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Drowning in Neglect

Apr 13, 2024

From the Editor

Here we are again, grappling with the aftermath of yet another flood. Despite enduring seven floods in the past three and a half years, we find ourselves trapped in a frustrating cycle of inaction. Frankly, it’s exhausting having to revisit this conversation time and time again.

The script remains unchanged: politicians trot out the same tired promises, or depending which side they are on, blame the others for inaction. But let’s be real – it’s all become a nauseating blur of empty words. Gone is the catchy slogan “building back better” – apparently even political spin doctors have grown tired of recycling it.

The sad truth is that nothing substantial has changed since the first flood hit nearly four years ago. Despite repeated calls for action, our dams still lack adequate water level management. Critical infrastructure like levee banks and evacuation routes continue to languish in neglect. Take Triangle Lane in Richmond Lowlands, for instance – a vital evacuation route for livestock and heavy machinery. It remains nothing more than a dirt track, despite years of pleading for upgrades. And today, if there was ever a shining example of the community’s concerns being ignored, look no further than Richmond Bridge. Once again the guard rails were not lowered and the bridge was covered in heavy debris, causing long delays and traffic chaos for commuters reliant on just the Windsor bridge to cross the river.

And then there is the state of the roads. They’ve been discussed ad nauseam, yet here we are, still dodging potholes, navigating collapsed edges, and bracing for further deterioration with each flood. In a semi-rural area like ours where many roads are unmarked, unsealed, and unlit, the sorry state of our infrastructure poses a greater risk to lives than the floods themselves. With road repairs still underway from the last flood as council drags its feet, a fresh round of damage has now been inflicted and must now be funded.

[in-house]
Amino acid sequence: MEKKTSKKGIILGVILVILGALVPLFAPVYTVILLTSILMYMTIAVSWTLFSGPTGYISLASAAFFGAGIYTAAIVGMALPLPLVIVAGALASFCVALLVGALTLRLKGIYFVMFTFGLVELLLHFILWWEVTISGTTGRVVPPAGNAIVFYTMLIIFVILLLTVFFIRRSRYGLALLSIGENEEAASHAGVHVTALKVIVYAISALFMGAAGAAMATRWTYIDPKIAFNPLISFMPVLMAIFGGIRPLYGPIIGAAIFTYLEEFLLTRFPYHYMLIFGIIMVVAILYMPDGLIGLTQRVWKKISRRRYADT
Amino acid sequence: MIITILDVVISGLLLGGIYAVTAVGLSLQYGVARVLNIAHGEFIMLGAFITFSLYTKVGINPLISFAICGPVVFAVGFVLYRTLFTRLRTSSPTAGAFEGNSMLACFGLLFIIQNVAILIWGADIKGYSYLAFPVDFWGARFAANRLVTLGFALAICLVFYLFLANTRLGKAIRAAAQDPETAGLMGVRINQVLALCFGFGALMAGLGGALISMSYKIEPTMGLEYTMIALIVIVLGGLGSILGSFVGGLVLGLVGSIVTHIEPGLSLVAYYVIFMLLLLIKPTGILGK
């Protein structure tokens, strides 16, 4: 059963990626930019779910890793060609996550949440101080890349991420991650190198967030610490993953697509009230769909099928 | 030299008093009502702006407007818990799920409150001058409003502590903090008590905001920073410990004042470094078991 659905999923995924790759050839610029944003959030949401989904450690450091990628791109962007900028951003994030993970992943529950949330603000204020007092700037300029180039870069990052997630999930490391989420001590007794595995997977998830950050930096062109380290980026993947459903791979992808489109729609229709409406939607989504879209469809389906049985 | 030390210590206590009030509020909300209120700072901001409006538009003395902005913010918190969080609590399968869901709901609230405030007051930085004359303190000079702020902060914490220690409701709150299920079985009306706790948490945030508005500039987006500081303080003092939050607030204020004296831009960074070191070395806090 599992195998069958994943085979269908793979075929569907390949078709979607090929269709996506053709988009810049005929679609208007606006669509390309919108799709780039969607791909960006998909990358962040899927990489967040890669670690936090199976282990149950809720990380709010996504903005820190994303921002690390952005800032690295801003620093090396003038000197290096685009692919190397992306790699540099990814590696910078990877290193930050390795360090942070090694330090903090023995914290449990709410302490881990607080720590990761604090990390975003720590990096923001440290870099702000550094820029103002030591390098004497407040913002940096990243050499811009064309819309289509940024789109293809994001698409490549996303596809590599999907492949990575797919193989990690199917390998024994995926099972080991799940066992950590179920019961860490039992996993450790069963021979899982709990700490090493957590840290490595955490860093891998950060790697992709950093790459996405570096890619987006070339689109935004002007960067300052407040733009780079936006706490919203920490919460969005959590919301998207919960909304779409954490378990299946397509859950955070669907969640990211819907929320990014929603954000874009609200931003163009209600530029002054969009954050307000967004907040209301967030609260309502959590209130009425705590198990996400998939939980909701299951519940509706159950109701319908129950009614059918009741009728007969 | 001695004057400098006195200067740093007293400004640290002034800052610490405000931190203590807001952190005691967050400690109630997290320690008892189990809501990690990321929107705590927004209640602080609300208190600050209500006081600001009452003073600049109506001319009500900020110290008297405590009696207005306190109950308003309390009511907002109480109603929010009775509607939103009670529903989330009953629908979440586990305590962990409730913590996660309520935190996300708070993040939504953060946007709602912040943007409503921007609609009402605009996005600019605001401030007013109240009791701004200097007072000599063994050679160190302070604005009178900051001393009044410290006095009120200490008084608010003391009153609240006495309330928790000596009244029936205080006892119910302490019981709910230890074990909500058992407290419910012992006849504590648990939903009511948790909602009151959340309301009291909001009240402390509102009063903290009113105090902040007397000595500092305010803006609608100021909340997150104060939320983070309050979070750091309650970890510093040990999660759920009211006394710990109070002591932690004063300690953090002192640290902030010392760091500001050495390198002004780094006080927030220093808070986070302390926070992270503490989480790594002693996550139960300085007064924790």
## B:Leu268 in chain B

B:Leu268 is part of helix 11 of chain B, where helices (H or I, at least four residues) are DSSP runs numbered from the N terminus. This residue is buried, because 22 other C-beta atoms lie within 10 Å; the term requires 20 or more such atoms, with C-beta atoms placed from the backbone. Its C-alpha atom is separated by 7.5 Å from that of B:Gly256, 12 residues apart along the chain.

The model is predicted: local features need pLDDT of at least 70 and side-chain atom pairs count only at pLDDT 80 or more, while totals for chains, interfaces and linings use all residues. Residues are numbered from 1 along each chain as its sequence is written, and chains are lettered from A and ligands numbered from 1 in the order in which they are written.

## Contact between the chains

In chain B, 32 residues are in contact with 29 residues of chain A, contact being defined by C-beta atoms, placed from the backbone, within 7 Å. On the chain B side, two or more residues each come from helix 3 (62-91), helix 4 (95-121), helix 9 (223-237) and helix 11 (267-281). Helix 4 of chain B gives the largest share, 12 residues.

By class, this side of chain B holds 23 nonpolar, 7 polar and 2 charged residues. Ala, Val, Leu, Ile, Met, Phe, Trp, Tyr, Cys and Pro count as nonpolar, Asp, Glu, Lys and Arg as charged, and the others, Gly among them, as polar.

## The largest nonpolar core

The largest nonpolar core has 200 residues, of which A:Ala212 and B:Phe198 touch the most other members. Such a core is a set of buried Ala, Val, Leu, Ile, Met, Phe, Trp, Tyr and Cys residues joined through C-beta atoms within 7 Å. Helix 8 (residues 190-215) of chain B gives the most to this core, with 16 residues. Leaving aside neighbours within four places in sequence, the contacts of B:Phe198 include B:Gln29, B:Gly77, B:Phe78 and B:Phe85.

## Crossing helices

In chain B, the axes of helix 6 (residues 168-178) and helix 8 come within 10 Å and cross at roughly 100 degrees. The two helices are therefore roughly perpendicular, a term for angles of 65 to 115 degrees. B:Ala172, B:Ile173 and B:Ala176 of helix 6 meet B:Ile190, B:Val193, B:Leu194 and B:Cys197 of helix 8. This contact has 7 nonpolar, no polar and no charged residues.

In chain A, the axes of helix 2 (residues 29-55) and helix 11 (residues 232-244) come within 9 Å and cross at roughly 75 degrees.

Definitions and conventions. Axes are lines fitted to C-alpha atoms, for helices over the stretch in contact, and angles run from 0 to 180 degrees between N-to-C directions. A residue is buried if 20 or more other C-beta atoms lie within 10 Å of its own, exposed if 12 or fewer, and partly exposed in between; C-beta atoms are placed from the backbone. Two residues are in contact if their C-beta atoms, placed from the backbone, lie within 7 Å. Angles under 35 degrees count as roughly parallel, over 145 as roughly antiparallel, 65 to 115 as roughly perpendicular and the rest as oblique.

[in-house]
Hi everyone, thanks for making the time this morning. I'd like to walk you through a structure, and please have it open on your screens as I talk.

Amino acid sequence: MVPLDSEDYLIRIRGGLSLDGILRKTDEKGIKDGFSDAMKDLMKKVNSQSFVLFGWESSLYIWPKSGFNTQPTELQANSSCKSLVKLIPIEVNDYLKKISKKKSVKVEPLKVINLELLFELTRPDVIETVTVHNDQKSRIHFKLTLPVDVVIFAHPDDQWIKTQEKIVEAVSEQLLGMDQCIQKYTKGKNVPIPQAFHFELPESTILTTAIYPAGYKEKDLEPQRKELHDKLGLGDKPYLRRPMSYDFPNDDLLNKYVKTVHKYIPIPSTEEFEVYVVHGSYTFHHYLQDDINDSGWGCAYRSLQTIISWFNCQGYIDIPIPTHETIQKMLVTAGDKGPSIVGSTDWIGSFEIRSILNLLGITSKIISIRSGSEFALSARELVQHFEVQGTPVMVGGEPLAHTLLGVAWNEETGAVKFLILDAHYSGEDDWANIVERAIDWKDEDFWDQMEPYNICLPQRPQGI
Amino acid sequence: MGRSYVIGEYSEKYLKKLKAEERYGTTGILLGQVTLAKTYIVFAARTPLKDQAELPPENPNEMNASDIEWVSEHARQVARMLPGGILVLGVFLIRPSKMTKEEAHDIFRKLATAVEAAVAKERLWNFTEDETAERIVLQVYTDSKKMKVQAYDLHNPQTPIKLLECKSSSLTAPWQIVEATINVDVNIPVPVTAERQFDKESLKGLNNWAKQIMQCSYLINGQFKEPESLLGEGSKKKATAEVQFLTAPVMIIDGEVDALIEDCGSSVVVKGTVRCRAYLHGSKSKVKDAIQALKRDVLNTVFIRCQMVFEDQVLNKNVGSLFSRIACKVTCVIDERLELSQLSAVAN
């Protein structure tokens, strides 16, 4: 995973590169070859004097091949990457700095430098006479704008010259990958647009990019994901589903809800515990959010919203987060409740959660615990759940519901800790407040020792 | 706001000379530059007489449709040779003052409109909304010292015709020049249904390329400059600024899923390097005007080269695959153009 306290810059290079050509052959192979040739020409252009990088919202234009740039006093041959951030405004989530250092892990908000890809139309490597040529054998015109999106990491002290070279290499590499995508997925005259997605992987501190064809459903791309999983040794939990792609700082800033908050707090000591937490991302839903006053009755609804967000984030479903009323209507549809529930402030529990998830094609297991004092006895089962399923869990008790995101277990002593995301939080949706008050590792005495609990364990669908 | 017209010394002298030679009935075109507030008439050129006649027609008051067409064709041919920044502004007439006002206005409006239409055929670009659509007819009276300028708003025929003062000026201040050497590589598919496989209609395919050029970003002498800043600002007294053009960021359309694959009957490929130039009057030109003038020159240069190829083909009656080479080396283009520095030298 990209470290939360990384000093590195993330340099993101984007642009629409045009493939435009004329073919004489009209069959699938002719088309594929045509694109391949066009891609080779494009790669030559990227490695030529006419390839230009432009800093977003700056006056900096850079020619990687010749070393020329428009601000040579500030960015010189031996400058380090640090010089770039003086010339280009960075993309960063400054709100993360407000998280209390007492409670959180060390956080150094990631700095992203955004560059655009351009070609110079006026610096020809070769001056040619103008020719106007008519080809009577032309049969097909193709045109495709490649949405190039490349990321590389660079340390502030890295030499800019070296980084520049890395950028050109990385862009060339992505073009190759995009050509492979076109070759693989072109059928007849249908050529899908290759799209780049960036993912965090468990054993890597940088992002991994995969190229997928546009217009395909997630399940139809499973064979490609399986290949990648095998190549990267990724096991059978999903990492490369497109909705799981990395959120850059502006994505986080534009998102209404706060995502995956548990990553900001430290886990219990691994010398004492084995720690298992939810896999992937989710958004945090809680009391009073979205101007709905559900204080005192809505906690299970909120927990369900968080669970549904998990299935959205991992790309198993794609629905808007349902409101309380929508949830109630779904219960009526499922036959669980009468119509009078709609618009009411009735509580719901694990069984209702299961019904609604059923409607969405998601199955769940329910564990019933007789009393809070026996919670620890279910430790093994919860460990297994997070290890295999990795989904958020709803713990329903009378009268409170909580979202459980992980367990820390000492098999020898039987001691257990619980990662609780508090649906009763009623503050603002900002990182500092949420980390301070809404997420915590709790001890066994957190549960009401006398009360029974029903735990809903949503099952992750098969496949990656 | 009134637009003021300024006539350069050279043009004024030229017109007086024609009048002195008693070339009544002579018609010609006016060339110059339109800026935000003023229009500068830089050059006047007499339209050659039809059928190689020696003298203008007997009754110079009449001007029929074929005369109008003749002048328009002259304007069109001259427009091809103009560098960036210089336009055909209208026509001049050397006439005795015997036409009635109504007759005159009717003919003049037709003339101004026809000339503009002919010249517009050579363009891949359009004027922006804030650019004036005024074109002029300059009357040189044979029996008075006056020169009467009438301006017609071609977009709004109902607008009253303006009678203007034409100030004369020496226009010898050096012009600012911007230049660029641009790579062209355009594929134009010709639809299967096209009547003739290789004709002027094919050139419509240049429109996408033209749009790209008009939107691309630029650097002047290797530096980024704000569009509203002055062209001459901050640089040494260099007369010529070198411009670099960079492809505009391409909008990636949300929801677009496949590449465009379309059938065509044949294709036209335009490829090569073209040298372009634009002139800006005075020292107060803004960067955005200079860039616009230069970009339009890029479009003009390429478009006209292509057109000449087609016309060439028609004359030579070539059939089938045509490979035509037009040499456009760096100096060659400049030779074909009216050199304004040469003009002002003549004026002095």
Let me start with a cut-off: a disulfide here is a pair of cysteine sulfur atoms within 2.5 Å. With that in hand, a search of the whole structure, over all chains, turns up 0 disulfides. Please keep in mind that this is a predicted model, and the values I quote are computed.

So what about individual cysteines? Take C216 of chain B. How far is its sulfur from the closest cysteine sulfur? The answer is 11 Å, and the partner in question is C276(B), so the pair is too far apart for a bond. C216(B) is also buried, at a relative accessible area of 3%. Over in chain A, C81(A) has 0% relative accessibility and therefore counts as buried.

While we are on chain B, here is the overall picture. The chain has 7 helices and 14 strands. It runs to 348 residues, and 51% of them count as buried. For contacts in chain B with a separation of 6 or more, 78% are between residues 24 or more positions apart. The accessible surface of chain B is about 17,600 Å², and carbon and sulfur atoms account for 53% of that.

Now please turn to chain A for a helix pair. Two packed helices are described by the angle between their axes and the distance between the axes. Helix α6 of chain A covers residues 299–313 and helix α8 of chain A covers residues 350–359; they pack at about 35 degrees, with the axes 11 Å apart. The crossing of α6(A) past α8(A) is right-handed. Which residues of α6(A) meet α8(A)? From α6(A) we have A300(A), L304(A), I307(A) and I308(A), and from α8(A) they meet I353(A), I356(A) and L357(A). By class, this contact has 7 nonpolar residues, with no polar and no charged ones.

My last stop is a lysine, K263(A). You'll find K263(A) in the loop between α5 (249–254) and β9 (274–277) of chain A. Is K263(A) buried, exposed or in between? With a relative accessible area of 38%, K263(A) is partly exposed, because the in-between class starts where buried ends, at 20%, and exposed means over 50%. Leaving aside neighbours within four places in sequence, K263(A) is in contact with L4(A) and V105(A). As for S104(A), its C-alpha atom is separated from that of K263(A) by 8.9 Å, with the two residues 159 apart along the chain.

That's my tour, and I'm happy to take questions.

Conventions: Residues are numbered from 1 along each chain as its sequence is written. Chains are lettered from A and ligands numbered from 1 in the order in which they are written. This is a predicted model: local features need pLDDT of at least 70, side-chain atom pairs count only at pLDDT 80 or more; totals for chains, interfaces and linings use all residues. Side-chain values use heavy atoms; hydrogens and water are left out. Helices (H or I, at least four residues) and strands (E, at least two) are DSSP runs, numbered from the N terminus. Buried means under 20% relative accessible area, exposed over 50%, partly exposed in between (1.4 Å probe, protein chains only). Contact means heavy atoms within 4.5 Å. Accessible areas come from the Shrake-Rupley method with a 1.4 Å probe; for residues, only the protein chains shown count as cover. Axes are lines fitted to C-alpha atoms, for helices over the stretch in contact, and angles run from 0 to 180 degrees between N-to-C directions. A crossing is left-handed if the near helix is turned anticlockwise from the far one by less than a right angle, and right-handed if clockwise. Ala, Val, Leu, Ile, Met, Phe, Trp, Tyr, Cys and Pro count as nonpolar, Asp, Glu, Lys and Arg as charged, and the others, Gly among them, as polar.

Then there’s Cornwallis – a prime example of government negligence at its most damaging. The collapse of the river bank, caused by the failure to maintain the drainage system by the Hawkesbury City Council, has resulted in untold losses for local businesses and farmers. There has been absolutely no accountability for a disaster that has cost local farmers millions.

The community’s patience has worn thin, and rightly so. People are tired of the politics, the empty promises, and the finger-pointing. What they want – what they need – is action. The latest comments from the Minns government, that they are considering lowering the full capacity level of the dam is welcome news. But until we see the project scoped and funded, it remains just that.

Hawkesbury residents want damaged infrastructure repaired, not money spent on shiny street signs. They want accurate, timely and detailed modeling during the emergency event. This time around it simply was not good enough: some was over the top and some was non-existent, and some was dangerously confusing and out of date. 

The frustration is palpable. While this flood was far from the worst, it is clear from the emails and letters we have received the community is angry. 

More than 826,000 people have engaged with the Hawkesbury Post’s articles and critical information over the flood emergency. That is an extraordinary affirmation of our very small team and the volunteers working from their home offices through the night.Thank you to everyone who stepped in through the emergency, while many of us were dealing with our own evacuations. It has shown the value of a community owned, run and focused local newspaper.

We thank you for trusting us and our flood coverage but again, we can’t continue to do so without your support. 

If you can, please donate. Every dollar helps us to inform you.

Thank you

Samantha Magnusson

 



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